On the face of it, the call for companies to switch to safer chemicals "does sound attractive," says Walls. "But the basic choice comes down to, do you mandate something like a review of inherently safer technology, or do you want to require its consideration at the right time for each particular facility? One of the questions here is, who decides? Who decides what is inherently safer in any particular case?"
Walls and other industry spokesmen, such as Kathy Mathers, vice president of The Fertilizer Institute, worry that federal regulators might tell chemical companies how to run their business.
"Agriculture knows agriculture," says Mathers. The institute represents companies that make and sell ammonium nitrate, among other chemicals, which may have caused the explosion last month in Texas and has caused some of the worst industrial accidents in history. "And certainly the regulators have their role in society. At this point we have not seen a version of an inherently safer technology bill that we would support."
That perspective puzzles Rafael Moure-Eraso, chairman of the main federal agency that investigates accidents at chemical facilities. "I was quite surprised that anyone would resist this concept, this concept of prevention," he says, sitting in his corner office at the U.S. Chemical Safety Board, not far from the White House. The CSB, whose members are appointed by the President, is currently investigating what caused last month's fatal explosion at the West Fertilizer facility in Texas.
Some of the CSB's official reports on chemical plant explosions recommend that the industry use inherently safer technology as one of the main strategies for preventing accidents in the first place — and limiting the damage when they do occur.
In fact, Moure-Eraso says he supports the idea of a law requiring plant owners to see if their plants can eliminate or reduce the need for dangerous chemicals. "You have to make a cost-benefit about what is more costly: to engage in a process to try to mitigate or avoid hazards; or deal with the families of the people who get killed, the destruction of an industry, the destruction of a community," Moure-Eraso says. "And I claim that it's a lot more expensive to deal with these catastrophic losses than what it will take to invest to prevent this to happen in the first place."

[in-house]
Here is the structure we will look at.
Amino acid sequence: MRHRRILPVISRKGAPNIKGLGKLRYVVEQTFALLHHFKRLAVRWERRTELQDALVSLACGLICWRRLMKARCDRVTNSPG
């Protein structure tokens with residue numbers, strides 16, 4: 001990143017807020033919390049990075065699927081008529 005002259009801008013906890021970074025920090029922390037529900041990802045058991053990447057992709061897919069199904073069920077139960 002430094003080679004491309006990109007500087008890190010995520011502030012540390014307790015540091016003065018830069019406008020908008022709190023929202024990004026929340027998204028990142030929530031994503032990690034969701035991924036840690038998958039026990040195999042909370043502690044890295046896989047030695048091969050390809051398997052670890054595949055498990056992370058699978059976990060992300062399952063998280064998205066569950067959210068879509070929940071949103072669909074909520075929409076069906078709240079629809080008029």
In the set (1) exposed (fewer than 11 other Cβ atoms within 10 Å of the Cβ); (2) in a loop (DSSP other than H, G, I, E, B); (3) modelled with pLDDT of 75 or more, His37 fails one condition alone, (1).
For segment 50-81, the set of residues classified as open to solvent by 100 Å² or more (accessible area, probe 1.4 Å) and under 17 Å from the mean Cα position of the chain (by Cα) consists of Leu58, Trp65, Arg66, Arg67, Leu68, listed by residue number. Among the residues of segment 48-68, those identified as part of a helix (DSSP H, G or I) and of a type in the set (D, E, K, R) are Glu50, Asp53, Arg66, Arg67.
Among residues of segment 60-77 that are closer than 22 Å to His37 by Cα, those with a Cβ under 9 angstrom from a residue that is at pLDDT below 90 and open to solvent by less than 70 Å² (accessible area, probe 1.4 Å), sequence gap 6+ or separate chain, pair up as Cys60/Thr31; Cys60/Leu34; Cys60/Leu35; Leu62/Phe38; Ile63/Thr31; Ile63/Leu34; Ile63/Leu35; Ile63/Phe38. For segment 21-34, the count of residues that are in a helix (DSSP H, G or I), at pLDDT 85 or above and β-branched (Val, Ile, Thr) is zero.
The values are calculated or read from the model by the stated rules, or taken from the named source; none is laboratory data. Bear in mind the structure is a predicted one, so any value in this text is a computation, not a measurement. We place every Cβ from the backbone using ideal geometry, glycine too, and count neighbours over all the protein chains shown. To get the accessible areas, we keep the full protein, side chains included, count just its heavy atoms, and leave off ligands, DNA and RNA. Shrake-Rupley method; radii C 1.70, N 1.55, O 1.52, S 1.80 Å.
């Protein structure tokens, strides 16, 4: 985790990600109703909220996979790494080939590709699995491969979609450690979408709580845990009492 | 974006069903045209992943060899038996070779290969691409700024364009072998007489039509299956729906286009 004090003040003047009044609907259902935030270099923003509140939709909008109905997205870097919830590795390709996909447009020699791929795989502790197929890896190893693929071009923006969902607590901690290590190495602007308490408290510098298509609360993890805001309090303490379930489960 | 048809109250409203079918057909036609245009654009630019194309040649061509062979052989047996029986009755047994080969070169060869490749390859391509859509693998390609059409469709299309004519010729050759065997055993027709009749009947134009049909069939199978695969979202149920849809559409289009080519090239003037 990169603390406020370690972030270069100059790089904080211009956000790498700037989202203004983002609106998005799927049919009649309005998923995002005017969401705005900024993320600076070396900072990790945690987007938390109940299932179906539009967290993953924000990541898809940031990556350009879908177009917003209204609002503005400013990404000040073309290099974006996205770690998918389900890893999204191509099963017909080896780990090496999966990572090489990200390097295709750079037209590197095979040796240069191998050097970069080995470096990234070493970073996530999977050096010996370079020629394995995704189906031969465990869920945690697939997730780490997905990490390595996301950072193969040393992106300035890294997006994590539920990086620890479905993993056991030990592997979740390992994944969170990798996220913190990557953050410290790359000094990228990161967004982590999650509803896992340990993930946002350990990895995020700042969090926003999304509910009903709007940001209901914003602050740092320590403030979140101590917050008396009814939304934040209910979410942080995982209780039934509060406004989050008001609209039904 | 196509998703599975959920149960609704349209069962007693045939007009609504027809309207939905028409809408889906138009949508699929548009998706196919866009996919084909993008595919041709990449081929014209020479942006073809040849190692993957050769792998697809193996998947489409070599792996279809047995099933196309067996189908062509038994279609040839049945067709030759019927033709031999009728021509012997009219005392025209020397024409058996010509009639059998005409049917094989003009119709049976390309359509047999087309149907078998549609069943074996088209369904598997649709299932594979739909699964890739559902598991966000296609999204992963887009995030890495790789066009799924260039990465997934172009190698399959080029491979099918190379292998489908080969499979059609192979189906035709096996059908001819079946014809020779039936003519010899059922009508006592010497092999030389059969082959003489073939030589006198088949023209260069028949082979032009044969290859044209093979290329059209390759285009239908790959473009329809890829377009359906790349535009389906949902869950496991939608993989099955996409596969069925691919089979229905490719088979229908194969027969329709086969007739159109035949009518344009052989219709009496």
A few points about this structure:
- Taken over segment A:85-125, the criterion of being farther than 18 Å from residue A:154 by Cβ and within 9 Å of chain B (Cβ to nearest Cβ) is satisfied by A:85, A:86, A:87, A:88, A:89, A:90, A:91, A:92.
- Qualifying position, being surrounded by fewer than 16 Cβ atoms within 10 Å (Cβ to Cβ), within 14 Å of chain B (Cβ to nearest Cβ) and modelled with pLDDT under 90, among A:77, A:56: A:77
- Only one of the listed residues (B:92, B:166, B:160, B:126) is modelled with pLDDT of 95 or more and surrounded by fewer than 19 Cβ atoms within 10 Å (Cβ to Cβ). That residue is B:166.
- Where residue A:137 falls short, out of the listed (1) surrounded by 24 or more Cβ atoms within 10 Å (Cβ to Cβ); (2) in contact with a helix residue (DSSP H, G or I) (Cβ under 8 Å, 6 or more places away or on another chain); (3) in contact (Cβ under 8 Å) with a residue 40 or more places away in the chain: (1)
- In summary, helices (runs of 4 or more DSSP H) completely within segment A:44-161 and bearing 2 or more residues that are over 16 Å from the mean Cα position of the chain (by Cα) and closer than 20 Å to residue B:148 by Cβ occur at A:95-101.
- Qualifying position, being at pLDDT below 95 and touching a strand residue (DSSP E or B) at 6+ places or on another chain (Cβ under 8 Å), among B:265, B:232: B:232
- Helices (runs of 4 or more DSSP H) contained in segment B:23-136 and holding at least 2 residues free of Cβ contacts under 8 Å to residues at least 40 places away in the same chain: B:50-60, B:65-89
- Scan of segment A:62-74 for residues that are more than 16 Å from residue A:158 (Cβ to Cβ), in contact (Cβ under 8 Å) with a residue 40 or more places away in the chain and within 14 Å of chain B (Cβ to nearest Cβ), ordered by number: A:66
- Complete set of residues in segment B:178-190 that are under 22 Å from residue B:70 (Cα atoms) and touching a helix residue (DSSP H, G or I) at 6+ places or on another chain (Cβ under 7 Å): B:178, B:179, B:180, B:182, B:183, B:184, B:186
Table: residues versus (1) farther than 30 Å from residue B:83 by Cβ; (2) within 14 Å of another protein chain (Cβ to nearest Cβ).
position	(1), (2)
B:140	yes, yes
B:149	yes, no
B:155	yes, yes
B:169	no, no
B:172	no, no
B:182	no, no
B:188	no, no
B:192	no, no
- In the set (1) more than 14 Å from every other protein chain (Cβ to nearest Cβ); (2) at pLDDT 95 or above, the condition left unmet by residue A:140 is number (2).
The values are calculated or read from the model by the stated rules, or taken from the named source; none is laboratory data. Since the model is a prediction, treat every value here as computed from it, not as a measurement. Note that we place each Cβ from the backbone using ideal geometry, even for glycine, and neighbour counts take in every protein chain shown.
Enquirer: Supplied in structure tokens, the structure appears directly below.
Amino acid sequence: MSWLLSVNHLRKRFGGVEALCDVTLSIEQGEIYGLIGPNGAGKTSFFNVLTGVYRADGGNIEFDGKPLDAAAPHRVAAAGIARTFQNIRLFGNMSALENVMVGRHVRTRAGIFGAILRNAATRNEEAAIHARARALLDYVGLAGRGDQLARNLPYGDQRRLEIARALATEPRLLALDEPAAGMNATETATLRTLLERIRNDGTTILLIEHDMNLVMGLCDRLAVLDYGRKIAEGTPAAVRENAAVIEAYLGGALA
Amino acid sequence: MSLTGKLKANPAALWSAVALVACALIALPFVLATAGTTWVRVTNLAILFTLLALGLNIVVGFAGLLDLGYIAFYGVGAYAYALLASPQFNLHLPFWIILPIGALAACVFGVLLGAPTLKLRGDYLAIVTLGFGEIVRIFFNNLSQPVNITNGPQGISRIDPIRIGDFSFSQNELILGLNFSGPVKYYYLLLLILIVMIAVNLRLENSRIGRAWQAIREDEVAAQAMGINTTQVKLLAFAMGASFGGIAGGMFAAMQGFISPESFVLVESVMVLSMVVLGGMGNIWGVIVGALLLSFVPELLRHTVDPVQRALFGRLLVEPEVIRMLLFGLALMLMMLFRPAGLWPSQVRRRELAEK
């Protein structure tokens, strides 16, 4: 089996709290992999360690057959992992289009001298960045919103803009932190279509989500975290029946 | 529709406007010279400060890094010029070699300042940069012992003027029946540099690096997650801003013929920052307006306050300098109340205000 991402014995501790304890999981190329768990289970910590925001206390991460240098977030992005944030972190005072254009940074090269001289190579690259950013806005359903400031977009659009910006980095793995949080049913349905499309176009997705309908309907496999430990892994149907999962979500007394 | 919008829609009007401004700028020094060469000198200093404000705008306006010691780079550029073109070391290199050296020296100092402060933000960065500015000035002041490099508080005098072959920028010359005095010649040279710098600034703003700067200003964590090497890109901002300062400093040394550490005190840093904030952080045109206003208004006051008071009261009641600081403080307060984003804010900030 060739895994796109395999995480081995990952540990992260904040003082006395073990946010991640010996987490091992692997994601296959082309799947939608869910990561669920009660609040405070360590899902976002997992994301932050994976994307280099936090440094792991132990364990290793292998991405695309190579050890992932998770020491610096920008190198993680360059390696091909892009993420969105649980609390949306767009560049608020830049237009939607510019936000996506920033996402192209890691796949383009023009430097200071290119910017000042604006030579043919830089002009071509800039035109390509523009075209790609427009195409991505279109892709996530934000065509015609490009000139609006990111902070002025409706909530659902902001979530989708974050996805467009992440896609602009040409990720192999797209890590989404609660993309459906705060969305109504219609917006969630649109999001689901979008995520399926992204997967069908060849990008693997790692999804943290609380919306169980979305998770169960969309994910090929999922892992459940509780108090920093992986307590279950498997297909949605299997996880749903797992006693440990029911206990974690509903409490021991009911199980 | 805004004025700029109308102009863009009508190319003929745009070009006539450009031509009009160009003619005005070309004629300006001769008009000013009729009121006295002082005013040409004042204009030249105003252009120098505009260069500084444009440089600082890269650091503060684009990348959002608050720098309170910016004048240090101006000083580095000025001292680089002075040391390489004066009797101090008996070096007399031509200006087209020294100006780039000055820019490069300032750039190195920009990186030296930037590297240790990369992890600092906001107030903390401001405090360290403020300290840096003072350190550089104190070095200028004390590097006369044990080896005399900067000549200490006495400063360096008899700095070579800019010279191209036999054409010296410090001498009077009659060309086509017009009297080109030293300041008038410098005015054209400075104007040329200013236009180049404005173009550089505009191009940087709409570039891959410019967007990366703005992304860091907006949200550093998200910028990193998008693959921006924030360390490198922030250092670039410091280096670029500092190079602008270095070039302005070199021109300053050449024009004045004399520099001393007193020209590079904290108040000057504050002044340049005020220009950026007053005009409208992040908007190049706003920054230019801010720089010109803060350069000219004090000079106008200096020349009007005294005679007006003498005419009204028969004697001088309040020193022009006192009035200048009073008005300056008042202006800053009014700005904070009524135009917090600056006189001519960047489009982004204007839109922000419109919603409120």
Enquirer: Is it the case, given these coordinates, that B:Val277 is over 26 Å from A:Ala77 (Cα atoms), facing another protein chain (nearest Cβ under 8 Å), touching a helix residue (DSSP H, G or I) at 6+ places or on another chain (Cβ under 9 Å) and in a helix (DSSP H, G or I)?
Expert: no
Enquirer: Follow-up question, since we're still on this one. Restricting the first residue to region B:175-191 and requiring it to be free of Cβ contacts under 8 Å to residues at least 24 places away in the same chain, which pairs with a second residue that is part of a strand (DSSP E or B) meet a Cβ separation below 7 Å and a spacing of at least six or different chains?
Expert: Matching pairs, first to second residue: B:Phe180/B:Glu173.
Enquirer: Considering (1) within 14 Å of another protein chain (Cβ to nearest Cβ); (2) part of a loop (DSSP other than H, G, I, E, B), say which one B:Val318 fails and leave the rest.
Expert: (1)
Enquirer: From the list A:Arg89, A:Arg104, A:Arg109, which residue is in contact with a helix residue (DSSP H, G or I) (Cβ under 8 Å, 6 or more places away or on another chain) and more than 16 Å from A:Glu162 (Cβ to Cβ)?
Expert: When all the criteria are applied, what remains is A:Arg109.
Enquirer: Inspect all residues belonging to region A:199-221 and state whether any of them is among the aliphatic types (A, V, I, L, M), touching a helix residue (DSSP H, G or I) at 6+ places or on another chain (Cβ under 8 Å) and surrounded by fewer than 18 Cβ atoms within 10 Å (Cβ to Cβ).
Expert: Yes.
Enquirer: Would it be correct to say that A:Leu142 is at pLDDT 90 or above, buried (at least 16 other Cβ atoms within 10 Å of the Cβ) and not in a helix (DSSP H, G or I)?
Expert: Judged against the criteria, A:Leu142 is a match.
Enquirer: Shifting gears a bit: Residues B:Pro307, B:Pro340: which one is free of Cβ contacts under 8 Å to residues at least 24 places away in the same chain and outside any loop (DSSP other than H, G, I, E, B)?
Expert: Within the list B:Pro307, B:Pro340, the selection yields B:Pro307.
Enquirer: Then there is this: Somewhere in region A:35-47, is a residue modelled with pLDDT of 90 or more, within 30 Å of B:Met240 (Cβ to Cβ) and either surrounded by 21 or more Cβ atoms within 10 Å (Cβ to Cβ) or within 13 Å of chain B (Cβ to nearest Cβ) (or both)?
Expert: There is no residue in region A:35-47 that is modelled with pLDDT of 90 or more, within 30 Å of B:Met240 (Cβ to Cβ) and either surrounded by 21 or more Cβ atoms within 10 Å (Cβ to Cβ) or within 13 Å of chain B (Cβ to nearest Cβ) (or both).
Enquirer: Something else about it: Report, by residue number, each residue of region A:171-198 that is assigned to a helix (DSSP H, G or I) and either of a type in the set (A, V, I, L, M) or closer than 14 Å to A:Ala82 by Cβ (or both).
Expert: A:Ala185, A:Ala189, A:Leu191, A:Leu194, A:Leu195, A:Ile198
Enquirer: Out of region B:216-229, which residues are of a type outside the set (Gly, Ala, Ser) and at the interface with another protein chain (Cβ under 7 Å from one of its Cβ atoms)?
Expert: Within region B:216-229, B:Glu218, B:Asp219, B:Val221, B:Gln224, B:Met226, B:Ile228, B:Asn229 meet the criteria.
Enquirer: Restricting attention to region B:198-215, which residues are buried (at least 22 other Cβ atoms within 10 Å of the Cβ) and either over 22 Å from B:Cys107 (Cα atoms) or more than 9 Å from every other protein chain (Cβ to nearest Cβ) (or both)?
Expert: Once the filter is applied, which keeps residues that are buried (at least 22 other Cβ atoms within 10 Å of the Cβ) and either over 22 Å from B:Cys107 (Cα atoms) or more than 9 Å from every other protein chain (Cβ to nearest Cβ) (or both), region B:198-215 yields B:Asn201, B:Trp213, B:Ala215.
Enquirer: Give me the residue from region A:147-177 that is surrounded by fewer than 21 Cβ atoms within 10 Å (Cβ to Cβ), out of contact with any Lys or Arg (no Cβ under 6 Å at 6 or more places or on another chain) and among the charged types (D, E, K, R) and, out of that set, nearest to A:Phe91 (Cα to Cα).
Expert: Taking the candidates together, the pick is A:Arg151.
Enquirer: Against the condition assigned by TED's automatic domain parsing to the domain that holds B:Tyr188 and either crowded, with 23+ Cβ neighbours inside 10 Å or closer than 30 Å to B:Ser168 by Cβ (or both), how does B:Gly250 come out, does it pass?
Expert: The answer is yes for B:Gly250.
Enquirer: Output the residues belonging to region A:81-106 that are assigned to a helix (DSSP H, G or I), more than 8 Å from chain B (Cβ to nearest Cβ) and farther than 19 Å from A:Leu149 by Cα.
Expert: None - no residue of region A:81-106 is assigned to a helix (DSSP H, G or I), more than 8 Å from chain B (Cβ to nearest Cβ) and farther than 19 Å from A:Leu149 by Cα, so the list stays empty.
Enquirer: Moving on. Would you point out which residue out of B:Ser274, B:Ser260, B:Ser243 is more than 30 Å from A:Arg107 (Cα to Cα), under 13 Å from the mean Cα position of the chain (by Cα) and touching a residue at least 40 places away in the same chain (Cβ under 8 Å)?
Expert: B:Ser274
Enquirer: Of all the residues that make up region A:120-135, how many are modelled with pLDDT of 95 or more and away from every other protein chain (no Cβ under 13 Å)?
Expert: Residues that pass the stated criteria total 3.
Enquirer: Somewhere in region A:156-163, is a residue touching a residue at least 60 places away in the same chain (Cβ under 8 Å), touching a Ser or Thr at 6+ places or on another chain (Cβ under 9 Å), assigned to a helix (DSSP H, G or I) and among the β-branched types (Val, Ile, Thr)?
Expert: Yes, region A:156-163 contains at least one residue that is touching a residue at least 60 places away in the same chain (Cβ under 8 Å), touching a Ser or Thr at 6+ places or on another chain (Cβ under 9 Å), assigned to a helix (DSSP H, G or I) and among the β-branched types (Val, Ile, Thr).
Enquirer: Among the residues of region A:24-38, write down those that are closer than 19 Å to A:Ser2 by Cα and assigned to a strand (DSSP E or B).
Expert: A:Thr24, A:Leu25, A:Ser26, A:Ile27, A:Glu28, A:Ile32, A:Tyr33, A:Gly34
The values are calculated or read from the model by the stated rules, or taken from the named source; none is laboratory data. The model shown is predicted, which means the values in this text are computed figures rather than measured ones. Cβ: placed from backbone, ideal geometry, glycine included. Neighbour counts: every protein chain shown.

Advocates of inherently safer design wonder now where President Obama stands on this issue. Back when he was in the Senate, Obama co-sponsored a bill that would have required plants to consider inherently safer technology. And his administration supported the concept after he became president. But Rick Hind, legislative director of Greenpeace, says members of the coalition that has been campaigning for the approach are frustrated that Obama hasn't spoken out about it recently.
"We're very concerned," says Hind, "because we've been asking [the Obama administration] to look into this and to do something since 2011. And they said, 'Well, after the election maybe we'll do something.' And now, we're still waiting."
NPR asked White House officials where President Obama stands now on the issue of inherently safer technology. A spokesman sent this brief reply:
"Chemical plant safety is a high priority, and federal departments and agencies will continue to work within their authorities and with state officials to support the ongoing investigation and assess appropriate information that can help inform ongoing efforts to ensure chemical plant safety."